NI NI TUN1, BURKHARD HEILIGTAG2, ANDREA KLEEBERG2, CHRISTIAN RICHTER2
1Myanma Agriculture Service (MAS), Land Use Division, Yangon, Myanmar
2University of Kassel, Institute of Crop Science, Germany
Rice (Oryza sativa) is the main staple food crop in Myanmar accounting for 97% of total food grain production. Changes in redox potential and pH are brought about by flooding the rice fields, with influences on nutrient availability, which was the objective of this study.
4 soils from Lower and 2 soils from Upper Myanmar were used. As in Lower Myanmar rainfall (>mma)is much higher than in Upper Myanmar (<mma), usually the pH of these soils is lower (around 5.5) compared to the upper part of the country (about 8). 20 seeds of Oryza sativa, variety Manawthukha, were sown in pots in 400 g of each soil and grown under submerged conditions in a climatic chamber at 25°C and 12 h day light, with 4 replicates in a randomised block design. Eh and pH were measured every 7 days. 24 and 50 DAS, plants were harvested and yield as well as mineral uptake and plant concentrations of P, K, Na, Ca, Mg, Fe, Mn, Cu and Zn were determined.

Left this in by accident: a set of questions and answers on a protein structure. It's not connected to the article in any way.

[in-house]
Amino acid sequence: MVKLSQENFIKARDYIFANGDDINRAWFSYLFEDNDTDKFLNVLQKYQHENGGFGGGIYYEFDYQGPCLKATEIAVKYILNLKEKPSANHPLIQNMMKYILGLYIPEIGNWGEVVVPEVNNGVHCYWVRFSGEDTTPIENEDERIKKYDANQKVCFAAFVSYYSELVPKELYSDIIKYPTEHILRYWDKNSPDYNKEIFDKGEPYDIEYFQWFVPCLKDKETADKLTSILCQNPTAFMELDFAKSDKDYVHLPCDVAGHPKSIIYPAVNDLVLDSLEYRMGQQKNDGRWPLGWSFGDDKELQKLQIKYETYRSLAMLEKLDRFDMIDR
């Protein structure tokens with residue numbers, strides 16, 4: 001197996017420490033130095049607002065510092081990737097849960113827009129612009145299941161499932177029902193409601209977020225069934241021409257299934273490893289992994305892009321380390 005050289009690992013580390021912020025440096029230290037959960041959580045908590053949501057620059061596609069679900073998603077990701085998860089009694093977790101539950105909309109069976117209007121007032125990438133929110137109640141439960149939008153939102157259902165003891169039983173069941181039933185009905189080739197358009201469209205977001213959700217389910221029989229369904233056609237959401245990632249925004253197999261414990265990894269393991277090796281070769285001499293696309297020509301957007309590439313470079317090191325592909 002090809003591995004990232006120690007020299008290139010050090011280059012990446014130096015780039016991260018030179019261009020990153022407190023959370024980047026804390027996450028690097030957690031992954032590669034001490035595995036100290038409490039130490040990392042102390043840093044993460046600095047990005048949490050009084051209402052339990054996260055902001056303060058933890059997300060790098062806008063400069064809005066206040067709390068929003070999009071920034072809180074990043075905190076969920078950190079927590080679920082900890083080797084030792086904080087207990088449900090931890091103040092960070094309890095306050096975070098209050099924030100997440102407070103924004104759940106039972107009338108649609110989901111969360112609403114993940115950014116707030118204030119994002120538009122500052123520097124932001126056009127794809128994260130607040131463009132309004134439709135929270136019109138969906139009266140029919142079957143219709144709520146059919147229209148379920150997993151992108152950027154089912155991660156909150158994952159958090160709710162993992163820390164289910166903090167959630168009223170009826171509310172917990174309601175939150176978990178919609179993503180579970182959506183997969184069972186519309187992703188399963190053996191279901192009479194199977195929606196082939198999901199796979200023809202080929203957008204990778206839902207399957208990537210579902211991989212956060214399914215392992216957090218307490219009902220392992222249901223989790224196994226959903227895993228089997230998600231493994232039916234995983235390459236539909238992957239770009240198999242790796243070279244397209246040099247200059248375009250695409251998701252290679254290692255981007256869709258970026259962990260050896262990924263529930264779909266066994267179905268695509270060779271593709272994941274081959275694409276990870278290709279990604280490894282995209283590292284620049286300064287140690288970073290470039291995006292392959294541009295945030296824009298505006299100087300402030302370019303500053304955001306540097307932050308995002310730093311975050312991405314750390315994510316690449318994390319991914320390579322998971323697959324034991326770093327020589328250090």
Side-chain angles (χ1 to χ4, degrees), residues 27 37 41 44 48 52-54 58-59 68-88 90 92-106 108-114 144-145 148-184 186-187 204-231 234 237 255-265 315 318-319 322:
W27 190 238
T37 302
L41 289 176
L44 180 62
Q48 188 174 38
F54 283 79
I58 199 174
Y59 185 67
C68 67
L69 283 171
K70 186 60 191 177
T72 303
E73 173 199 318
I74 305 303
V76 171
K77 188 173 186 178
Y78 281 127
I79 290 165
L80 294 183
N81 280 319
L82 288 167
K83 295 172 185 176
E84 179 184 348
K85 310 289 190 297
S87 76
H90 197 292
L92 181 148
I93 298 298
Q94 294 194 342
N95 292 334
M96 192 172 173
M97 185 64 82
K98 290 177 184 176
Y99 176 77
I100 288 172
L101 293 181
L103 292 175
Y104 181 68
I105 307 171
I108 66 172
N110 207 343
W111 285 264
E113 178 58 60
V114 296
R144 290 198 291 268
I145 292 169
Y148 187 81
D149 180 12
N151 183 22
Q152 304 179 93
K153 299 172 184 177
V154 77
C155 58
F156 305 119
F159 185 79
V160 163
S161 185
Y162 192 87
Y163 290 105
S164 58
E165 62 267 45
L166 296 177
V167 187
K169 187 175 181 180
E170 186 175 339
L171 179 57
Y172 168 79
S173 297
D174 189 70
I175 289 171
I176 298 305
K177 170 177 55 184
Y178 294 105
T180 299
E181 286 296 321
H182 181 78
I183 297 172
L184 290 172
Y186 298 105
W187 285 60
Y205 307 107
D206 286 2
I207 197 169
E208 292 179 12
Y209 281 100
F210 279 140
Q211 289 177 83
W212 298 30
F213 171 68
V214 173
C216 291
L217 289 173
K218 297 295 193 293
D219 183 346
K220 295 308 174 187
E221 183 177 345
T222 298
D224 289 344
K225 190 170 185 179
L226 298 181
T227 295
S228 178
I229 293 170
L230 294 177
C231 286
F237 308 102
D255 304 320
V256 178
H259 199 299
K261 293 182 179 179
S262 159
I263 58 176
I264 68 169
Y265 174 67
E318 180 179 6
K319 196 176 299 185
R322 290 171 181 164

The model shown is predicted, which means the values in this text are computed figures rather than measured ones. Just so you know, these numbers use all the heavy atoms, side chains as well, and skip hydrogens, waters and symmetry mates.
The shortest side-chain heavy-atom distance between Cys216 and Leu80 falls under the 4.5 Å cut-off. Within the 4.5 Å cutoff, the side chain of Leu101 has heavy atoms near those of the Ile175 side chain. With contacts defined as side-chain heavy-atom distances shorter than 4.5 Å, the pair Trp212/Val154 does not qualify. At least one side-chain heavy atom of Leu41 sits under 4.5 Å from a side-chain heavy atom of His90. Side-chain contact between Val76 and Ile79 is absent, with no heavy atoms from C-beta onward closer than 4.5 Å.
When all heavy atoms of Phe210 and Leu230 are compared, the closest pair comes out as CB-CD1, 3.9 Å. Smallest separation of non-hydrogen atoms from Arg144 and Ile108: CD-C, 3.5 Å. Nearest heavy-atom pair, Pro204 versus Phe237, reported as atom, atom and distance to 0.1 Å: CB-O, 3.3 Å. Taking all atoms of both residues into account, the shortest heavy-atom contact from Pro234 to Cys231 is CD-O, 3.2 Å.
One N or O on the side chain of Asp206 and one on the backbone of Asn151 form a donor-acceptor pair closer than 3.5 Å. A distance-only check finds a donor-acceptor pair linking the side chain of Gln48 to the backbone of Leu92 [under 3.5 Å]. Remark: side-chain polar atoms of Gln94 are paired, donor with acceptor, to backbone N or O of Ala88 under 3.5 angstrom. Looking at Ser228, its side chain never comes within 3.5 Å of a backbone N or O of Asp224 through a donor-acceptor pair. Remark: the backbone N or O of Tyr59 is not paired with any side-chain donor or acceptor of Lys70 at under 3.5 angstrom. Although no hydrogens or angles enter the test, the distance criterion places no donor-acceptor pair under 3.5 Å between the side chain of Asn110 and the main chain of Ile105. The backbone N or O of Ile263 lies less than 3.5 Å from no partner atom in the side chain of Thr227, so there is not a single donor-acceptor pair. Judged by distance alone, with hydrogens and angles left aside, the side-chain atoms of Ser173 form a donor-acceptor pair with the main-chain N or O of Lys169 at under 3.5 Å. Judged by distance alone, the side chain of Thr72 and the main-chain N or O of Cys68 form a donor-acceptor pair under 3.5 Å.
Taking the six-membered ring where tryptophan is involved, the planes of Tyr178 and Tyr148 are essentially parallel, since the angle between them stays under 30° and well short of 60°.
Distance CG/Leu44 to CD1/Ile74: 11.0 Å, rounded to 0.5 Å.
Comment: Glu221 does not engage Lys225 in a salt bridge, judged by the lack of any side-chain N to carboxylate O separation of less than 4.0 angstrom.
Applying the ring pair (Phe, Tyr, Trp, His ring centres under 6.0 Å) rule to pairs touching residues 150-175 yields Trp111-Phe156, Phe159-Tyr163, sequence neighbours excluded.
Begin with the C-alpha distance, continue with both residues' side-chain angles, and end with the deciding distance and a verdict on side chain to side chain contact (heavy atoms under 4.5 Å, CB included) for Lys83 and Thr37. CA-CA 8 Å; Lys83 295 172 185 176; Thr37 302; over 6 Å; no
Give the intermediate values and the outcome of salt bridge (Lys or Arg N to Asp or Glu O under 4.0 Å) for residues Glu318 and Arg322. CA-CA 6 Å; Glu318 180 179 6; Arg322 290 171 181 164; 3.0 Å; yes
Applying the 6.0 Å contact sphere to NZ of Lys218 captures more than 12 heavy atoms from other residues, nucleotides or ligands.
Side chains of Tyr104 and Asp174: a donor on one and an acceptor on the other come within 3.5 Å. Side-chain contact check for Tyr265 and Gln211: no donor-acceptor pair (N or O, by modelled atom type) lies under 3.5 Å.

In all 6 soils tested, Eh declined from 400-500 to 100-200 mV in the 50 DAS and submergence. The pH in the alcaline soils declined from 7.3 to 6.9, probably due to CO2-pressure increase produced by organic matter decomposition, while in the acid soils pH increased from 4.5 to 5.5 due to water logging and reduction of Fe, Mn and organic acids. On the high pH soils, yield was a lot lower than on the lower pH soils. On the different soils, all examined nutrients could be taken up in normal amounts by the rice plants, but on the high pH soils, probably due to precipitation as hydroxide, Mn concentrations were very low in spite of water logging, and Cu concentrations were very high, probably toxic. This could be the reason for the low yield on the high pH soils. Application of acid fertilisers and/or introduction of legumes in the rotation, being able to reduce the soil pH in the rhizosphere, is recommended.
Keywords: Nutrient uptake, pH, redox potential, wetland rice